People working to improve public education often wonder if we could replicate such feats for students. In at least one crucial area, the answer is probably yes. Why we haven't yet raises some troubling questions about teacher education and its relationship to the teaching profession.
In 2000, the National Reading Panel used a rigorous, scientific meta-analysis to identify the five core components of early reading: phonemic awareness, phonics, vocabulary, fluency and comprehension. Here was the equivalent of the Pronovost checklist for teachers: a set of teacher activities that experts could credibly argue would have more than 90 percent of children reading by third grade. Surely, the field of teacher education would make sure that all novices would get fully trained in scientifically based reading instruction, right?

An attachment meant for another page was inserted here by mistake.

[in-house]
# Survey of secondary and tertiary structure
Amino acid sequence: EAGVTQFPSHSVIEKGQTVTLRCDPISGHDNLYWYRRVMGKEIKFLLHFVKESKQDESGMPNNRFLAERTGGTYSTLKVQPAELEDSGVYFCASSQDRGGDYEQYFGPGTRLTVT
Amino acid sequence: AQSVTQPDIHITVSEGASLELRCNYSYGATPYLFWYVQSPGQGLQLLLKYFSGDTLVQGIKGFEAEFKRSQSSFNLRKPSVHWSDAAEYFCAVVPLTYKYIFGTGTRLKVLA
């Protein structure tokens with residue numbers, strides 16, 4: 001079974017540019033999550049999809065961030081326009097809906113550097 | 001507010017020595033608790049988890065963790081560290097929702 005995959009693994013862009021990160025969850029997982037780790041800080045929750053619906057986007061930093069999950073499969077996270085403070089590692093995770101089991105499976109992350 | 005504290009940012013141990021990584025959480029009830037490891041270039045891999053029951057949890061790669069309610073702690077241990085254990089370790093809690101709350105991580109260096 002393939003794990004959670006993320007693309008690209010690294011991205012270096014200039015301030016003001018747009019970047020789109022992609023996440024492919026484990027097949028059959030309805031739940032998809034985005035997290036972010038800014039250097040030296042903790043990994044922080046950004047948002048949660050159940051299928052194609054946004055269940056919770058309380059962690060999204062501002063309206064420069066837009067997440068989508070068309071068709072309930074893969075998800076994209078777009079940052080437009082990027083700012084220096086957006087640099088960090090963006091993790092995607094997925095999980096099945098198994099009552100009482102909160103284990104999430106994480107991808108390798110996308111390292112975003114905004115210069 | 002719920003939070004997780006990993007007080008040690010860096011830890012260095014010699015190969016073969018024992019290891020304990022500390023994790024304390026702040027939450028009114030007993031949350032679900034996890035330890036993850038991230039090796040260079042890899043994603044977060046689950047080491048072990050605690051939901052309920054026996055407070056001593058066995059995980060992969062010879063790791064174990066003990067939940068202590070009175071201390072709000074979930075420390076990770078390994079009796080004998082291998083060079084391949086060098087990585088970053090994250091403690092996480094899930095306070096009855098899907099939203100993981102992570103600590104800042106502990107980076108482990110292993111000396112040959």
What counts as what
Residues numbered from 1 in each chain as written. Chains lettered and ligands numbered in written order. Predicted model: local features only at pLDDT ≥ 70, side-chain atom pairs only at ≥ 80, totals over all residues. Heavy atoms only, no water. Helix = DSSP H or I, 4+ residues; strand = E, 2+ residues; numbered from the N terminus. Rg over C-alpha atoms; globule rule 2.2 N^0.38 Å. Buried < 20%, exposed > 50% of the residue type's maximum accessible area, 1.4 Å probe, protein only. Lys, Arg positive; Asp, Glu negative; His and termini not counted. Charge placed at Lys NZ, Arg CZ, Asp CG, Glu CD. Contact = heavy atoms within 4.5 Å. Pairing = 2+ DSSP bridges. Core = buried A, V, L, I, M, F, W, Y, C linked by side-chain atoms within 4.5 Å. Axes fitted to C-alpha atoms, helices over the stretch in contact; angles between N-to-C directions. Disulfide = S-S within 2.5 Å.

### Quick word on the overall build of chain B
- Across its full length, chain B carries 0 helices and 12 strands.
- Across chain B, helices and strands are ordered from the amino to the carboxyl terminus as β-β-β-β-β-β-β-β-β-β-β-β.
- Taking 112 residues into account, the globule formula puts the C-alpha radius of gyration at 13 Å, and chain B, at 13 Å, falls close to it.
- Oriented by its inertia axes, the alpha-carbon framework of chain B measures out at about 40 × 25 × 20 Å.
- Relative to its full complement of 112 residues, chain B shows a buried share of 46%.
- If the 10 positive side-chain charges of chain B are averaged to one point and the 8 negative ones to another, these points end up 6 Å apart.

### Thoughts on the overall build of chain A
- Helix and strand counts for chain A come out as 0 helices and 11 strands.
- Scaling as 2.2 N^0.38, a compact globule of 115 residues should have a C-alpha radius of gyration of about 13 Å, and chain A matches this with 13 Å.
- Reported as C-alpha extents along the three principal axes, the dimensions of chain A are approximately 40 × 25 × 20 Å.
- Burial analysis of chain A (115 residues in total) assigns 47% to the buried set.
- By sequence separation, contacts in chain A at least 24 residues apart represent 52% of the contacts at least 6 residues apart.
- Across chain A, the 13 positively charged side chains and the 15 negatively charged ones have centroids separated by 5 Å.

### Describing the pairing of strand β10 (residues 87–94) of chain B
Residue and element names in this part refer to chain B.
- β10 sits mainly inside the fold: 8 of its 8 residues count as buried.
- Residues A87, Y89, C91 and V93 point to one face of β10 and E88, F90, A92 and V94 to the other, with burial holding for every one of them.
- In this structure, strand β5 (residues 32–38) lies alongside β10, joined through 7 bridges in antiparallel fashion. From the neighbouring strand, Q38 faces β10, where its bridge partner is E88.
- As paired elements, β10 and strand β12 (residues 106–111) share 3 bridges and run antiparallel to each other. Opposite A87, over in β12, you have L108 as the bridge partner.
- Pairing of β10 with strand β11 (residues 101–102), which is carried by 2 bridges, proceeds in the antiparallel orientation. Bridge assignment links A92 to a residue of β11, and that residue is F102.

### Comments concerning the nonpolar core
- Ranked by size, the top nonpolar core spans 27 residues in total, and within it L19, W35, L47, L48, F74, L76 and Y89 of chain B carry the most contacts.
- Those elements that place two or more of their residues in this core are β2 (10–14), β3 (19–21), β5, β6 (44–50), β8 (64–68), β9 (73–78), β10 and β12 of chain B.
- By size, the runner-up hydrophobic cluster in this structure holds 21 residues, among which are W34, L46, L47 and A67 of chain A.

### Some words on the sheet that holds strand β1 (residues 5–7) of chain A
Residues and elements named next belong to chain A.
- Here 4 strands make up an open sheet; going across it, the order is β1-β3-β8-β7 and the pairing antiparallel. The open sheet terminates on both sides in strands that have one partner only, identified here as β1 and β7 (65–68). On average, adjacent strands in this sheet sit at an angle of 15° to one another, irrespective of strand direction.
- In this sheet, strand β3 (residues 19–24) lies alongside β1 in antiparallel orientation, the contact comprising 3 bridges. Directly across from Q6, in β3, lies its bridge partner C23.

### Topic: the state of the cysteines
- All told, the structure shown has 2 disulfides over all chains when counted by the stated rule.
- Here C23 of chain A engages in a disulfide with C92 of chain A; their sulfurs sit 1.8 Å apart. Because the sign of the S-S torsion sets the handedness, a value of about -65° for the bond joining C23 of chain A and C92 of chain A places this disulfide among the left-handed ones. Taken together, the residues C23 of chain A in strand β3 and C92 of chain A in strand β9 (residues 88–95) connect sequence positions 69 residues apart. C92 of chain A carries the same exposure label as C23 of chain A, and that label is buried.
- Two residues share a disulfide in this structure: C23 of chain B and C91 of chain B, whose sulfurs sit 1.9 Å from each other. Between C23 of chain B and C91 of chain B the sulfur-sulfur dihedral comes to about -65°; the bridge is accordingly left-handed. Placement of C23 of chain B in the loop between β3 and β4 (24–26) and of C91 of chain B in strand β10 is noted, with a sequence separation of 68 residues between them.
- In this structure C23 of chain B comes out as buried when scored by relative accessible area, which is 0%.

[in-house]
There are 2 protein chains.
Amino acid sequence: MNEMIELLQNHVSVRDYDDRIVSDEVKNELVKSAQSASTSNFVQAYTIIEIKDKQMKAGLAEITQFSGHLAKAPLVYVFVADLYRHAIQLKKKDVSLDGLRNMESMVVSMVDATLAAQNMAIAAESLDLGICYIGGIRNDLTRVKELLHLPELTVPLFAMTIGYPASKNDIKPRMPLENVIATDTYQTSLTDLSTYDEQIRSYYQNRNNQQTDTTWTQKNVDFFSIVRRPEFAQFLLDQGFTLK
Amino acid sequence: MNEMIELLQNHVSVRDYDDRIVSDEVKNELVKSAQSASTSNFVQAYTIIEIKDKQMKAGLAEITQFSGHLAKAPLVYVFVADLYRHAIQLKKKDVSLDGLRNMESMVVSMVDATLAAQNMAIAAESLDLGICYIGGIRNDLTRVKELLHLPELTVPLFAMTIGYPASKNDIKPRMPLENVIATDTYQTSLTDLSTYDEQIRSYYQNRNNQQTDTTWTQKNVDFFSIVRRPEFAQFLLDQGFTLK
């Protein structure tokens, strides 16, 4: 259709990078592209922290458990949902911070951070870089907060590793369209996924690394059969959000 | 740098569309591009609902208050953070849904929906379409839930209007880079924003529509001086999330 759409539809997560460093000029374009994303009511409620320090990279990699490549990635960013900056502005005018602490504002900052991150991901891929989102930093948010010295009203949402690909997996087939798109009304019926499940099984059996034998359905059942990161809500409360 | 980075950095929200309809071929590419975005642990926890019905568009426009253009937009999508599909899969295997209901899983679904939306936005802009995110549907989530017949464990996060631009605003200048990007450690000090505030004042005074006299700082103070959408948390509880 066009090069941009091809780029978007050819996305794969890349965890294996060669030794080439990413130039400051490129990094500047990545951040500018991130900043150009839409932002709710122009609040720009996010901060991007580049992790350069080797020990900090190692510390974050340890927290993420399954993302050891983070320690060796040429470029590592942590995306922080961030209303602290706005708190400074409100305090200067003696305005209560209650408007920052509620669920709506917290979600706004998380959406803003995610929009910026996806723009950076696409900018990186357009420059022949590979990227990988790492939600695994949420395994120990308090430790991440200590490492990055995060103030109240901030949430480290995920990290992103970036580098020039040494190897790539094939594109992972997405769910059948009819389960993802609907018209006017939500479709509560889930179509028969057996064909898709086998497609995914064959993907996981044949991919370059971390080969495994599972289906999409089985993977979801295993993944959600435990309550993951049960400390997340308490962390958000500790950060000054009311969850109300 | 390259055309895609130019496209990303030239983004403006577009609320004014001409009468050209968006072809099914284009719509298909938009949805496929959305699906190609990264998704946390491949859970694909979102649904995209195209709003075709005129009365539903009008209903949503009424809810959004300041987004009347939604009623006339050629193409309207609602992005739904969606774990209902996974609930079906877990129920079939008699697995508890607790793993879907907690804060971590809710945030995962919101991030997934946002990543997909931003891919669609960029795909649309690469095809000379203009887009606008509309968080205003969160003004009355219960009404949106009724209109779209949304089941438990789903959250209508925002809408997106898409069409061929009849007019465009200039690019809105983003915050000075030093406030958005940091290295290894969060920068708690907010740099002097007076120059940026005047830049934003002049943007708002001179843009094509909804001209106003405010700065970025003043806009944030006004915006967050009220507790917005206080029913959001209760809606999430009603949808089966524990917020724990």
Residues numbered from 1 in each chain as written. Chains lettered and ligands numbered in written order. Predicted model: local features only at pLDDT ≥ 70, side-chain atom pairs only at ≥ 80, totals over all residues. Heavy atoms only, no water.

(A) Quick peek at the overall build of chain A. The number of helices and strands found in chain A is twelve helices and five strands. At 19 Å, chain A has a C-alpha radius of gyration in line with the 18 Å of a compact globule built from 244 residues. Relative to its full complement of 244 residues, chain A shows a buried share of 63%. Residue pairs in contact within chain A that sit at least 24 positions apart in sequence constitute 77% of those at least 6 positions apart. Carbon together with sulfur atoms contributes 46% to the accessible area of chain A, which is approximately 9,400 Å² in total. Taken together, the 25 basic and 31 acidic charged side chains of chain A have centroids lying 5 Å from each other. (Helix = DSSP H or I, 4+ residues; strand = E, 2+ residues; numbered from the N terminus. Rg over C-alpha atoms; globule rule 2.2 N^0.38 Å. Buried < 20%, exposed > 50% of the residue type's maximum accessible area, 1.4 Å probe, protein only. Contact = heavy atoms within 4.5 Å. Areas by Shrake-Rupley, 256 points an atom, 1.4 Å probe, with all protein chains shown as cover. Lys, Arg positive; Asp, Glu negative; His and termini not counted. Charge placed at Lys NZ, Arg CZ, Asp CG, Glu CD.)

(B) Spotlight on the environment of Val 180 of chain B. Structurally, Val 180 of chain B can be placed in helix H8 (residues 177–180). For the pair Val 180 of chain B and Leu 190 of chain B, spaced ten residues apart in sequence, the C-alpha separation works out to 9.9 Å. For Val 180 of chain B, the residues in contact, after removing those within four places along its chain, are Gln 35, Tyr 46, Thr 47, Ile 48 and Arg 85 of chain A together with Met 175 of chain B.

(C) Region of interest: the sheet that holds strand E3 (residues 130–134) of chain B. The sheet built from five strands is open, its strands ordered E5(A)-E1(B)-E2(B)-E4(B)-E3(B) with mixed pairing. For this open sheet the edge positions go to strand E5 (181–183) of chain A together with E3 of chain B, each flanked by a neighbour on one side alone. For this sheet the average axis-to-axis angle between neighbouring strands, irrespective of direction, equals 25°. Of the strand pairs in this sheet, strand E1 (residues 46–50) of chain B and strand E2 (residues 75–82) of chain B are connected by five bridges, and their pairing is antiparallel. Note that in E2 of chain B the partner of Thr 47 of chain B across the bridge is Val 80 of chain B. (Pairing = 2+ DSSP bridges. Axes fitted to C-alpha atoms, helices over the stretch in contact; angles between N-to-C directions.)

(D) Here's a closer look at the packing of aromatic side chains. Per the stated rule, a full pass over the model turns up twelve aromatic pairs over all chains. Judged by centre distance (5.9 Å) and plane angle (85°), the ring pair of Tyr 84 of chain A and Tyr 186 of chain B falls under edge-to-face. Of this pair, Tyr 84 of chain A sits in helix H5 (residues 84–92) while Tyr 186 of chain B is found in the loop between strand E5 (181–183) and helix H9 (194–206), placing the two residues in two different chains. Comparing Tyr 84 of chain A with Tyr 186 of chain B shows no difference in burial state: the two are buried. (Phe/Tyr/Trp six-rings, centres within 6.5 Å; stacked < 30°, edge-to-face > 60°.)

For our national reading study in 2006, we looked at the syllabi, textbooks, assignments, assessments, and practice in over 100 schools of education across the country to see if they had embraced the findings of the NRP. Only 15 percent of the institutions in our sample had done so. Four years later, a decade after the NRP report was published, we released our Illinois report, which found that fewer than 20 percent of the state's programs were providing such preparation.
For the teaching profession to thrive, its members must be deeply familiar with a body of knowledge and skills about what will work to help educate children. New teachers receive this expertise from the institutions charged with training them. This expertise is the educational "inputs" for which we're looking (and often criticized for doing so.) But unless the field of teacher preparation can settle upon what this expertise should be, it's hard to see how teachers can achieve the Pronovost moment that the medical profession has achieved for its patients.